Syria consumes 2nd day of UN debate but Colombia offers hope

UNITED NATIONS (AP) — With a temporary truce in Syria in tatters, Secretary-General Ban Ki-moon implored all warring parties to lay down their arms as the civil war consumed discussions Wednesday at the annual U.N. gathering of world leaders.

On the International Day of Peace, resurgent Syria violence assumed special significance. In a statement, Ban called on conflicting factions to observe a 24-hour global cease-fire, declaring: “The symbolism of a day without fighting is a crucial reminder that conflict can and must come to an end.”

Colombia’s peace accord stood out as a bright spot during the second day of speeches at the General Assembly, where leader after leader had their say on intractable problems from global refugee crisis to North Korea’s nuclear activities.

Colombian President Juan Manuel Santos basked in world praise as he formally submitted the peace deal with the Revolutionary Armed Forces of Colombia to the Security Council. The treaty will be signed later this month of Cartagena and must be submitted to a nationwide referendum Oct. 2.

Ban commended Santos for his “vision and determination.”

“In a time of armed conflicts in many other paces, peace in Colombia sends a powerful message of hope in the world,” Ban said.

Santos later devoted his entire General Assembly speech to the peace pact, one of the few leaders whose remarks were filled with optimism.

“A new Colombia greets the international community today,” he said. “A Colombia full of hope. A Colombia that, without a war, is ready to reach its highest potential and to be a positive factor in the global context.”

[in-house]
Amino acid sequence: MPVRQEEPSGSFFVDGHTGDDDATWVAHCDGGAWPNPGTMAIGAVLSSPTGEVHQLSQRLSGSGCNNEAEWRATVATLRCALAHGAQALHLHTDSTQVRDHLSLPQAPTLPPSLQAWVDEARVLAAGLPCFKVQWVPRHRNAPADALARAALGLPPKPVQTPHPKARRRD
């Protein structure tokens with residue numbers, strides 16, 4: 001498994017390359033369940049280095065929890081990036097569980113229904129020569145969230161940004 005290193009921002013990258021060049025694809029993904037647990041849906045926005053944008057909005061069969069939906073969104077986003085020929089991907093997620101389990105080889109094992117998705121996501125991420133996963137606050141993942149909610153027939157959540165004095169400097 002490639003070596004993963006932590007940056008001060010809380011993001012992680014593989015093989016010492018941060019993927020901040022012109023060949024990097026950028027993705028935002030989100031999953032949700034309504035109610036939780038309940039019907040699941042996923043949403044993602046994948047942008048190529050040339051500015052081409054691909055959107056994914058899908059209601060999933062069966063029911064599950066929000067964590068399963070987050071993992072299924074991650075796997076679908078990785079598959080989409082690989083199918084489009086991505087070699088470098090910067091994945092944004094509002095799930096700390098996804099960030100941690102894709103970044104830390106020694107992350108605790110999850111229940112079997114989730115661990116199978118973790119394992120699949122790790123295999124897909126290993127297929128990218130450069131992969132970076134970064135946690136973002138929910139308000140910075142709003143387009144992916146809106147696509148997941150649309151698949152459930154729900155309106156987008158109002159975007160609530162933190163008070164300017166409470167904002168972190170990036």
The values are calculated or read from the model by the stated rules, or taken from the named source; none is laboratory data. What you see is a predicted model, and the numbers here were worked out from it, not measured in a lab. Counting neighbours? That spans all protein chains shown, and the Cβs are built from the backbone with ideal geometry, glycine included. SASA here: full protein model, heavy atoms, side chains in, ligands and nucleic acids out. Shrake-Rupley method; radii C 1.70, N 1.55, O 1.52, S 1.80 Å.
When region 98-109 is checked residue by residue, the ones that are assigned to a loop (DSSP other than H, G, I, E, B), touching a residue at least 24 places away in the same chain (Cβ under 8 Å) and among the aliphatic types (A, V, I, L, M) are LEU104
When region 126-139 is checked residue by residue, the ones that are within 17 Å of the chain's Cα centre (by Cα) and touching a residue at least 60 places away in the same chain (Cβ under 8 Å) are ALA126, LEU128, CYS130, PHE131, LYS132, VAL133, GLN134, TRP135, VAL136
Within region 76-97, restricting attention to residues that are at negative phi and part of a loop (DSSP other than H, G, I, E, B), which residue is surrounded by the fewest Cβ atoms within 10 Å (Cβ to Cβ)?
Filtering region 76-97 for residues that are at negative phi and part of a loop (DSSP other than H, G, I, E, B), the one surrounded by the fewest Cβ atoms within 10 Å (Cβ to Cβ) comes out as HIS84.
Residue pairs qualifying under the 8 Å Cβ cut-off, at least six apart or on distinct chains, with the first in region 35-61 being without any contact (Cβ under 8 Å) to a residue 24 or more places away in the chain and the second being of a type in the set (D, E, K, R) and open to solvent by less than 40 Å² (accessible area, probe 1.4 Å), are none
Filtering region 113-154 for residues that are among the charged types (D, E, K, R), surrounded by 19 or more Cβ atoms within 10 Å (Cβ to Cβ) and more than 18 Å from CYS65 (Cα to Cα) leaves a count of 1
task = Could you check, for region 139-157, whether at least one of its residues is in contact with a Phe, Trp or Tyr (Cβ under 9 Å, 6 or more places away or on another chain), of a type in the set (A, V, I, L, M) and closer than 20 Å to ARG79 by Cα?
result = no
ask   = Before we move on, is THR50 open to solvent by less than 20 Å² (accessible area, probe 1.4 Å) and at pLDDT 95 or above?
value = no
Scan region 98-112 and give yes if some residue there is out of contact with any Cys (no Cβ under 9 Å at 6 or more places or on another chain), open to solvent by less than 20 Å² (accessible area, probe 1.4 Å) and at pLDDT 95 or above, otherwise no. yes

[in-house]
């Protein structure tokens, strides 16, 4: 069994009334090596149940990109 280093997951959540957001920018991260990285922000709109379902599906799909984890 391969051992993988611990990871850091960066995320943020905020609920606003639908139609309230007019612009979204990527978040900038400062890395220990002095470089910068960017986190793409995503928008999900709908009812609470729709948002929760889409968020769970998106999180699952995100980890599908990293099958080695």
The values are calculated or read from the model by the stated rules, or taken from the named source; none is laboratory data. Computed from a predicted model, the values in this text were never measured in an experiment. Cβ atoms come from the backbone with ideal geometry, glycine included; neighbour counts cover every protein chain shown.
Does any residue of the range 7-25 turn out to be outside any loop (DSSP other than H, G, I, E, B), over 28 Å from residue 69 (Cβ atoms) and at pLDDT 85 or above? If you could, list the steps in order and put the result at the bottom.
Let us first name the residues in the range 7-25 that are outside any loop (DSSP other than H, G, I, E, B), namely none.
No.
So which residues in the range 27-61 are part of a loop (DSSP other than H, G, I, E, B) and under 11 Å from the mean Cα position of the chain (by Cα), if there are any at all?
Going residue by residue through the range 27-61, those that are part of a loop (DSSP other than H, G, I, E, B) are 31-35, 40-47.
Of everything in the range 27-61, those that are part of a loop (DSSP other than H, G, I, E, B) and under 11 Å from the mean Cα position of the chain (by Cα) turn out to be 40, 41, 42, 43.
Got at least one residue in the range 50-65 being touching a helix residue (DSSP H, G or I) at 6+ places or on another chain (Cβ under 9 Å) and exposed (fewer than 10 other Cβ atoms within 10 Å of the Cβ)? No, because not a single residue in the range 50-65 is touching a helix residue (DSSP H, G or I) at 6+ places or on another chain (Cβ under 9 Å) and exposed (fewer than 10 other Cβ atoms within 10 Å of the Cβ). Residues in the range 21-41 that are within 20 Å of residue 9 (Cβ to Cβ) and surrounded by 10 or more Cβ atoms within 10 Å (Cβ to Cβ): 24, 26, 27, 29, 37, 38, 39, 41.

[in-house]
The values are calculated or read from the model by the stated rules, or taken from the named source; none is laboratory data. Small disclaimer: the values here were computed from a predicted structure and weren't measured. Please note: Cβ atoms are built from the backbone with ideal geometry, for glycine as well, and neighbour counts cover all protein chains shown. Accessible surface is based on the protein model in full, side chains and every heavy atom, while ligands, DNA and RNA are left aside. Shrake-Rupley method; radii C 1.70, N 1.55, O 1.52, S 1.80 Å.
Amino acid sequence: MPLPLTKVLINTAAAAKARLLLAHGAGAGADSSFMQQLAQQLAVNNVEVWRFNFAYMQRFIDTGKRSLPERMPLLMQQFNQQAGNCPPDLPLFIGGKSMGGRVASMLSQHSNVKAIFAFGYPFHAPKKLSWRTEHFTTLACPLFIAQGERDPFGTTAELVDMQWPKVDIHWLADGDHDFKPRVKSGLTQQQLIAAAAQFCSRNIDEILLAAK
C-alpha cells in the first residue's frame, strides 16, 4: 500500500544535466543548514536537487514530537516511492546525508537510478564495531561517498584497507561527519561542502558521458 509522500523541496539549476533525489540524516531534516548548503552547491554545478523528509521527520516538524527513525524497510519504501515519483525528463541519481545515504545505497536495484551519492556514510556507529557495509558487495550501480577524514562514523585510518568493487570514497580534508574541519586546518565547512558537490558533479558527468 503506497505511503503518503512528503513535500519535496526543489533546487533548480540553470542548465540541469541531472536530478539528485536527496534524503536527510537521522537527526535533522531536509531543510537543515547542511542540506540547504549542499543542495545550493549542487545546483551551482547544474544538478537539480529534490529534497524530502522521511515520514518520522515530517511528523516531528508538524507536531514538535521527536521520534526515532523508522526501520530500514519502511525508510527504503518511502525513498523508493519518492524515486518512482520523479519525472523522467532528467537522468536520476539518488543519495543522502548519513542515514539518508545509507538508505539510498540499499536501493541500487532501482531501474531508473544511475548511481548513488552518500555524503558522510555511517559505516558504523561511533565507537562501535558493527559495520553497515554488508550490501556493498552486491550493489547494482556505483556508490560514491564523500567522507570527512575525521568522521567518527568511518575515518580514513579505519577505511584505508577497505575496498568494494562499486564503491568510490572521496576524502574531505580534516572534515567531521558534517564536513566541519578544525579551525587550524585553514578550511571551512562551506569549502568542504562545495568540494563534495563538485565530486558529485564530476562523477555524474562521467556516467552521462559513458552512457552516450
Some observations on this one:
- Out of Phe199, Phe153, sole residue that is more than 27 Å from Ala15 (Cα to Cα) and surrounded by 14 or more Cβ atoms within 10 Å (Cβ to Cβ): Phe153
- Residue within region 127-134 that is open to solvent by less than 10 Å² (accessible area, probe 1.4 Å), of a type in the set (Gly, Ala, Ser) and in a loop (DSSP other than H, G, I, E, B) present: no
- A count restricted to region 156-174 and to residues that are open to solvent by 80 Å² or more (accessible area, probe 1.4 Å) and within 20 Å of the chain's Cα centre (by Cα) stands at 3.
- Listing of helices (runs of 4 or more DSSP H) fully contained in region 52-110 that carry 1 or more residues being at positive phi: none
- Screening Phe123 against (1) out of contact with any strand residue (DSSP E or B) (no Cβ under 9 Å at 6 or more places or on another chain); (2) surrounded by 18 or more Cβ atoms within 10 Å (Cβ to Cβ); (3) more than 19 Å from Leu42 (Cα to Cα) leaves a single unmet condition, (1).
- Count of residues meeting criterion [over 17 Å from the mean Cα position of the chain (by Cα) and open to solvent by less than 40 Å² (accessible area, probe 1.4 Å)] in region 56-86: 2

At the Security Council, the U.S. and Russia turned once again to diplomacy in an attempt to revive Syria’s cease-fire, but tensions between the two world powers tamped down hopes for success. U.S. officials blame Russia for a strike this week on a Syrian Red Crescent aid convoy. Russia denies responsibility.

North Korea’s Sept 9 nuclear weapons test was also in focus.

Chinese Premier Li Keqiang urged continued international commitment to a Korean peninsula free of nuclear arms, telling the General Assembly that new efforts were needed to “reach a comprehensive political solution on the Korean nuclear issue.”

Beijing has long been North Korea’s main source of aid and diplomatic support. But it is showing growing frustration with Pyongyang’s pursuit of nuclear weapons in defiance of foreign pressure.

The government of North Korean leader Kim Jong Un conducted its fifth nuclear test on Sept. 9. That raised concern abroad it was moving closer to its goal of a nuclear-armed missile that could one day strike the U.S. mainland.

Zimbabwean President Robert Mugabe, meanwhile, railed against Western sanctions, urging the United States, United Kingdom and their allies to abolish them.

The 92-year-old leader said that while his country is “the innocent victim of spiteful sanctions,” it cannot implement U.N. Sustainable Development Goals.

The U.S. has imposed targeted sanctions against Mugabe and 97 others, citing human rights abuses and evidence of electoral fraud. The EU, Australia and Canada also have imposed similar sanctions.

Amid the somber mood, there was progress on the climate change front.

Ban announced that the Paris Agreement on climate change has topped the required 55 ratifications, even if the countries that have formally joined don’t account for the minimum 55 percent of global emissions needed for the deal to enter into force.

Ban said that with 31 more countries handing over their official documents on Wednesday, 60 parties now have ratified the deal representing over 47.5 percent of global emissions.

“We have crossed one of the two thresholds,” Ban said. “We need 7.5 percent more.”

Urging people everywhere “to become warriors for the plant,” U.S. Secretary of State John Kerry said he is confident of reaching the magic number of 55 percent before the next U.N. climate conference, which starts Nov. 7 in Marrakech, Morocco.


Associated Press writers Alexandra Olson, Alina Heineke and Michael Astor contributed to this story.

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